Practical English Usage
English grammar and vocabulary exercises
Figures of speech - Simile and metaphor
A figure of Speech is a word or expression used to give particular emphasis to an idea or sentiment. Some figures of speech, such as simile, metaphor, personification and apostrophe are based on resemblance. Some are based on contrast (antithesis, epigram) while some others, such as climax and anticlimax, are based on the construction of plot.
In simile, a comparison is made between two distinctly different objects which have at least one point in common. The simile is usually introduced by such words as like, so or as.
Note that a comparison of two things of the same kind is not a simile.
Some common similes of everyday speech are given below:
Metaphor is an implied simile. Here a word or expression that in literal usage denotes one thing is applied to a distinctly different kind of thing for the purpose of suggesting a likeness between the two. Unlike the simile, the metaphor does not state that one thing is like another or acts as another, but it takes that for granted and proceeds as if the two things were one.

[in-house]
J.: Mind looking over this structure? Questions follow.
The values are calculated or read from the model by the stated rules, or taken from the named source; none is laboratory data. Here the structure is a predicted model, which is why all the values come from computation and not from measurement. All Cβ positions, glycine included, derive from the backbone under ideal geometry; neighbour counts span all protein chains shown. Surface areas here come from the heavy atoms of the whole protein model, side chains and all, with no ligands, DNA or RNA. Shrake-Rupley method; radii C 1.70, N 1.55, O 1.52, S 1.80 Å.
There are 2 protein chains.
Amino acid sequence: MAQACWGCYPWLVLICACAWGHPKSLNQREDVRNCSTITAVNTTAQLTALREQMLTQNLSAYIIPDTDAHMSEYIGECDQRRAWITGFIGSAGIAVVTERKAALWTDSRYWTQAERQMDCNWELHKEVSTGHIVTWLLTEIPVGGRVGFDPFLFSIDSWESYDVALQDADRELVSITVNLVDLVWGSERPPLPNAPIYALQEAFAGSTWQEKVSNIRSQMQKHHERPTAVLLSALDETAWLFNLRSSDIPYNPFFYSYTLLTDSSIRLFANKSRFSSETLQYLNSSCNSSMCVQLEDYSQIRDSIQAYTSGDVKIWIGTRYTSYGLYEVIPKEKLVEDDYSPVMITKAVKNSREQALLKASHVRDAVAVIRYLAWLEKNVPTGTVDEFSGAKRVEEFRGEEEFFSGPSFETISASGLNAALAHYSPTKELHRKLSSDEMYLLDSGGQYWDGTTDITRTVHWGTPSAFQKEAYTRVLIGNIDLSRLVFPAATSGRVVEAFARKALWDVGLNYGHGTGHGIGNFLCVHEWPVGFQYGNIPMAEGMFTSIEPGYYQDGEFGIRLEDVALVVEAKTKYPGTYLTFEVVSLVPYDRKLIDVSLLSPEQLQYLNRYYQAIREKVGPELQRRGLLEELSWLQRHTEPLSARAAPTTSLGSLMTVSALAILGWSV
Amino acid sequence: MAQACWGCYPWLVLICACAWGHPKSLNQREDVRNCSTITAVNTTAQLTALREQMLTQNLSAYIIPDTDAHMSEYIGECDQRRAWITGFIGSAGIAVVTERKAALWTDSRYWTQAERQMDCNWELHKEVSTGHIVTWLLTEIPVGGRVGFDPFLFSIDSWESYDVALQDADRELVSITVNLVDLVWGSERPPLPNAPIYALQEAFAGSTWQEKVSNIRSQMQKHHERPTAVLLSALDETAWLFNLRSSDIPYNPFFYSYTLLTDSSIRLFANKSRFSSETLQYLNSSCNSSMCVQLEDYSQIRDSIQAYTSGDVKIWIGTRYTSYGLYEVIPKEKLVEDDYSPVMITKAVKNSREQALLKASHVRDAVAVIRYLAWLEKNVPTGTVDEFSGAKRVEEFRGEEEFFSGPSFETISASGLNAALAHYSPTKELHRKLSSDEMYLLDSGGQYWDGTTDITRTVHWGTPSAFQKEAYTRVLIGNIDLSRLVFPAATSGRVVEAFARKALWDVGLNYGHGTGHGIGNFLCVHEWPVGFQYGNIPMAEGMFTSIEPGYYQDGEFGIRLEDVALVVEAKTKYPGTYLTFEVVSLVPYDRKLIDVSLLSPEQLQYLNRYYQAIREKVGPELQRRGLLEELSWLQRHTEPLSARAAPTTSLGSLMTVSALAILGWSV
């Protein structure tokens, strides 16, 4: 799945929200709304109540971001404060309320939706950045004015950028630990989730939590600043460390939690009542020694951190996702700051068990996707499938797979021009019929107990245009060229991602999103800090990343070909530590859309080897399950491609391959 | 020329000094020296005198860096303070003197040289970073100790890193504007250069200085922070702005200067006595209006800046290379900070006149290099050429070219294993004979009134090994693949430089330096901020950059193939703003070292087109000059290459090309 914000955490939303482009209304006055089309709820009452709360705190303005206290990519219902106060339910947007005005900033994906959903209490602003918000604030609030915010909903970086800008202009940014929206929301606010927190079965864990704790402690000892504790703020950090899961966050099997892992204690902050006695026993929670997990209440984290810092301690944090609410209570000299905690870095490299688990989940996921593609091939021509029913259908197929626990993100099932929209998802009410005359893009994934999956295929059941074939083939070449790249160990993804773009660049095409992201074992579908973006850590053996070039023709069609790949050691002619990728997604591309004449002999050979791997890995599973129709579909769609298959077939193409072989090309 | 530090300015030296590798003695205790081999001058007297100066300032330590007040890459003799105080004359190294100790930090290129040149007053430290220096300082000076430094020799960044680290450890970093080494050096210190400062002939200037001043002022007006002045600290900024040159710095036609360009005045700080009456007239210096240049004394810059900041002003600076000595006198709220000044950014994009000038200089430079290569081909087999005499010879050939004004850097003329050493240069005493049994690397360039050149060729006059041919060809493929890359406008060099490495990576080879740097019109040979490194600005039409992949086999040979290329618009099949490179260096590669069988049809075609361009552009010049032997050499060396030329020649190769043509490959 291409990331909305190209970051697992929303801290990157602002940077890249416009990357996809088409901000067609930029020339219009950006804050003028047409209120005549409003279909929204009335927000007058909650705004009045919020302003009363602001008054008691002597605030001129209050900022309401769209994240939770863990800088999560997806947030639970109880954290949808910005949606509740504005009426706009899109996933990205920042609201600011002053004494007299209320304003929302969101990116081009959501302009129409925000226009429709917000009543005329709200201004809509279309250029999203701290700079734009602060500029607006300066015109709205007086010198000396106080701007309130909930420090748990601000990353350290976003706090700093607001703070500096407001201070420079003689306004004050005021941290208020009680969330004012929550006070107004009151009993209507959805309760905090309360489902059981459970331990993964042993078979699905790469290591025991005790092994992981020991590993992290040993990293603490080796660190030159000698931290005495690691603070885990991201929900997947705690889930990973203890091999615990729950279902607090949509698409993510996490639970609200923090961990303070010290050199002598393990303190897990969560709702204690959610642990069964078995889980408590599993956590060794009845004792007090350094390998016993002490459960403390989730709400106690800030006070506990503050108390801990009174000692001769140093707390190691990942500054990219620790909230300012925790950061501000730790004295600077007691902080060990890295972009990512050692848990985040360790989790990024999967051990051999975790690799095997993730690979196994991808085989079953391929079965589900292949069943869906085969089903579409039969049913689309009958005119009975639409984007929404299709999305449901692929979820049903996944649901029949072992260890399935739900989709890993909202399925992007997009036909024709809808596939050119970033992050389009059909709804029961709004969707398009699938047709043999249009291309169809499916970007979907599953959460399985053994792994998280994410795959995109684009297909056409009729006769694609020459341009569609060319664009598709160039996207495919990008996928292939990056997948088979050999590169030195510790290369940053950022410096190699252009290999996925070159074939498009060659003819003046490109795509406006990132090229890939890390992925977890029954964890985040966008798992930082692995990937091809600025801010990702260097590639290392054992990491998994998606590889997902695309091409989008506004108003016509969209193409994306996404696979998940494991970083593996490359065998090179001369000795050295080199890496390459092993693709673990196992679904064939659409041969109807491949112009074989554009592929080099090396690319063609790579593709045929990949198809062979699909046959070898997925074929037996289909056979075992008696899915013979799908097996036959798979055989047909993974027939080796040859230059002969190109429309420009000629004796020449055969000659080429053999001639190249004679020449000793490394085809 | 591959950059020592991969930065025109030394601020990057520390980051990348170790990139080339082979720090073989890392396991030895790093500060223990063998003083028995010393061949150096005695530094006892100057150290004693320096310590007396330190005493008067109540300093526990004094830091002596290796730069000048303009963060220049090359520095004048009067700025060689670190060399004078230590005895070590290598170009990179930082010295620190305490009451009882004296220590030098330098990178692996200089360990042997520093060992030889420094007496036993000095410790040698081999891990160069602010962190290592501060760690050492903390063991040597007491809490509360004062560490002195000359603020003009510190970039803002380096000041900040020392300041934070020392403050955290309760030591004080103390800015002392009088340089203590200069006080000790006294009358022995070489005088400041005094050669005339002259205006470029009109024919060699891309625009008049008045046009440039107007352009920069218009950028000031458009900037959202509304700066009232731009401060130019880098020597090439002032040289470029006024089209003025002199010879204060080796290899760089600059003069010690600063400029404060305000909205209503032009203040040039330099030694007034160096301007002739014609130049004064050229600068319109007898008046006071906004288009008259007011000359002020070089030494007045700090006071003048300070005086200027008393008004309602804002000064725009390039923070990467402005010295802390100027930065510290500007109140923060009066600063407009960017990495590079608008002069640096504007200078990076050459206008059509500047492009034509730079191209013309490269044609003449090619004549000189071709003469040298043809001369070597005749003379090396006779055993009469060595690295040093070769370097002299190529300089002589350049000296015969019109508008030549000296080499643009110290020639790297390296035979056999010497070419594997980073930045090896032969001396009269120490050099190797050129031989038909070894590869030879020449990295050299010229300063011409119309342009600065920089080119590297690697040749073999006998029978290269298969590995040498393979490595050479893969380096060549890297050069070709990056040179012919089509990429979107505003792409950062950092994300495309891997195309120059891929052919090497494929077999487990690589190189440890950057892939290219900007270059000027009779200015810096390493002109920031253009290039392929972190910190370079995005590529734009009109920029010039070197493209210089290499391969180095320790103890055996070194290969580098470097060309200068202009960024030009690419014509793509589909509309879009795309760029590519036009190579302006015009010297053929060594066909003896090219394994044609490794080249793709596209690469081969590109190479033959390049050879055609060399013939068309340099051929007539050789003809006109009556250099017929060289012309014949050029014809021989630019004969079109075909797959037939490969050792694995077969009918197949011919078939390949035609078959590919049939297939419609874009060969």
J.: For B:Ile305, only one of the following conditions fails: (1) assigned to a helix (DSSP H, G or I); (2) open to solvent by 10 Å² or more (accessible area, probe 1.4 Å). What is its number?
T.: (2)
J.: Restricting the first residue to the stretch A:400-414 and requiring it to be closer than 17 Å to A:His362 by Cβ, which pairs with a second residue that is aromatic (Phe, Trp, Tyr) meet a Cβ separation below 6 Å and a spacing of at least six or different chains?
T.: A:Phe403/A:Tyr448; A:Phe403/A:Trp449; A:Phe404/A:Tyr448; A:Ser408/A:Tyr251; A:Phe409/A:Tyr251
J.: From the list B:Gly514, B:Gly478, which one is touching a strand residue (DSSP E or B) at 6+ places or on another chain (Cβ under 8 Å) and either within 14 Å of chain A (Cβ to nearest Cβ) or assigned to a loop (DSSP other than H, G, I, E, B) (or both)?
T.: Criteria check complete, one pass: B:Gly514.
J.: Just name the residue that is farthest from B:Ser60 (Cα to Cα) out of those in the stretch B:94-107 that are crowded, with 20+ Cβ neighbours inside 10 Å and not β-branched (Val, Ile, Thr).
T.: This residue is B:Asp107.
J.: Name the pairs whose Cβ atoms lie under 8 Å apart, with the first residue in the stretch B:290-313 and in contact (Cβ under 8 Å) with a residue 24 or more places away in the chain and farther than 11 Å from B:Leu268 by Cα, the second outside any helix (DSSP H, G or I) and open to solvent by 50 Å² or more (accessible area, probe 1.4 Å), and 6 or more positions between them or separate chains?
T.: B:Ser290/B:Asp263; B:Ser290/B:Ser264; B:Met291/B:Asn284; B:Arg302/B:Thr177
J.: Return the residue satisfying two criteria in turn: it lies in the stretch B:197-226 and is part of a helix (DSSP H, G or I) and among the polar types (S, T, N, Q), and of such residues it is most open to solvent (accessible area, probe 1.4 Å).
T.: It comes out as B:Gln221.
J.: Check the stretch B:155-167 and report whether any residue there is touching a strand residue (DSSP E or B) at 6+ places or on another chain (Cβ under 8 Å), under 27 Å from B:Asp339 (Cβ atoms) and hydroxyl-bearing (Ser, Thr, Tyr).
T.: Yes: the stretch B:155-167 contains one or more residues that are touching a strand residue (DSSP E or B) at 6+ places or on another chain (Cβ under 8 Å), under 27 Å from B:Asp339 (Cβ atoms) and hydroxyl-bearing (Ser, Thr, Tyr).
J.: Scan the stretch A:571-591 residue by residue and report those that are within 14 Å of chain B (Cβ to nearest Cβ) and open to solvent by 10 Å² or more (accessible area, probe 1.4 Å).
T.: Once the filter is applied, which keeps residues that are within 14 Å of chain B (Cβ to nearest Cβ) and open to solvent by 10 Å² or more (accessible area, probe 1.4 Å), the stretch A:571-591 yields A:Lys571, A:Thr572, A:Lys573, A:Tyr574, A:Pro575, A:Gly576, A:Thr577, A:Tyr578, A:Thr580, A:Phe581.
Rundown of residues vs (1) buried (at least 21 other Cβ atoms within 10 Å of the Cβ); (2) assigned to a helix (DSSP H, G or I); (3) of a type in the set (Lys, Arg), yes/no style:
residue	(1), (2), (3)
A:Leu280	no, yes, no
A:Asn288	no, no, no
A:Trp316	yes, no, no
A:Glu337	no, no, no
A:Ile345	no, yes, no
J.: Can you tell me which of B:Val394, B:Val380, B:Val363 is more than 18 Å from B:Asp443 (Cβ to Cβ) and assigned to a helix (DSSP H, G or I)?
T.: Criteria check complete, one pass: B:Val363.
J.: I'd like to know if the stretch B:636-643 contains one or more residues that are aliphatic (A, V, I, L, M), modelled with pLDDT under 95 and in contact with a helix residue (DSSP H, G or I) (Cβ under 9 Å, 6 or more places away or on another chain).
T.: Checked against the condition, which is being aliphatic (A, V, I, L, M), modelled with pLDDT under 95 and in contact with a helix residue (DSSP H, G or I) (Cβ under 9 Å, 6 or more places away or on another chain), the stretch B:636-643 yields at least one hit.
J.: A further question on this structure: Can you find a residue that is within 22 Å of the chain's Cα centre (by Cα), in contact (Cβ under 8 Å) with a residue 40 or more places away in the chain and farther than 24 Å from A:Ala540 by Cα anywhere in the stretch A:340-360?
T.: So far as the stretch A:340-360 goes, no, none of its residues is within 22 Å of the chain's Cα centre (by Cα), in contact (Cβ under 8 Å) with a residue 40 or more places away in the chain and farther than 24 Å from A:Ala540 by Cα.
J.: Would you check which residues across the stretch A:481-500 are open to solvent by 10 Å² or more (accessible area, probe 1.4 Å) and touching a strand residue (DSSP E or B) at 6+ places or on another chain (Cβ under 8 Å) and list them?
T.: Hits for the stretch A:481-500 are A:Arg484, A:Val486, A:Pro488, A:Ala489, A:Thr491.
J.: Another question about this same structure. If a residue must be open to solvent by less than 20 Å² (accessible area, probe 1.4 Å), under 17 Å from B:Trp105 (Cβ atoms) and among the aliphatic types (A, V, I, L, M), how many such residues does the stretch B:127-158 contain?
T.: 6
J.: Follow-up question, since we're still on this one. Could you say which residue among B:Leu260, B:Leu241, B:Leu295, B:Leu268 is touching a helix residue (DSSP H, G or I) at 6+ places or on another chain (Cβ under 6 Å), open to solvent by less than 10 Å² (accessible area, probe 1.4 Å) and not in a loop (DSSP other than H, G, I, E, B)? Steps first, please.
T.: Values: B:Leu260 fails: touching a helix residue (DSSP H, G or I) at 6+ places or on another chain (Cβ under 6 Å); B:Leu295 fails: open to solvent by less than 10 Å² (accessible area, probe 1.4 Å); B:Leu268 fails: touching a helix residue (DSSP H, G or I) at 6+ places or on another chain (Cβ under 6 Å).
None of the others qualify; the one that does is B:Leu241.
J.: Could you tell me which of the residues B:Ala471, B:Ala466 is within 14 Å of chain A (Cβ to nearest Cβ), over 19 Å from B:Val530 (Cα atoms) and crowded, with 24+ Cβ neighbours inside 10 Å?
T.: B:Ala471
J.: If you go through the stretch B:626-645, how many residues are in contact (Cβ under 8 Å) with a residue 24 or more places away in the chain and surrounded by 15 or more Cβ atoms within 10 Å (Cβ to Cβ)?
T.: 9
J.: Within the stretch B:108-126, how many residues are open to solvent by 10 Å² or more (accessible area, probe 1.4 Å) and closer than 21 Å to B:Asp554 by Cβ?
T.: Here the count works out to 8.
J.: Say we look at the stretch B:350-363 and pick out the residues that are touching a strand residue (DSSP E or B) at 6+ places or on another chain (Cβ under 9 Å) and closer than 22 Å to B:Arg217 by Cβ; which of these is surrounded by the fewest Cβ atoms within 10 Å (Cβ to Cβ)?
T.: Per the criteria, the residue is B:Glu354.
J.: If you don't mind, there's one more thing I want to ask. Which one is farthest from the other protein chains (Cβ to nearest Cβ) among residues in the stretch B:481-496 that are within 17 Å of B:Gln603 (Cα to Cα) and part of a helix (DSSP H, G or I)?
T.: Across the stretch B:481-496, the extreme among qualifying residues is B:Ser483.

Note that every simile can be compressed into a metaphor and every metaphor can be expanded into a simile. When we say, "Her eyes were like diamonds" we use a simile, but when we say, "Her eyes were diamonds" we use a metaphor.
Not only nouns, but other parts of speech may also be used metaphorically. In the following example, the verb is used metaphorically.
In a mixed metaphor an object is identified with two or more different things in the same sentence. When used inadvertedly, the effect can be ludicrous.
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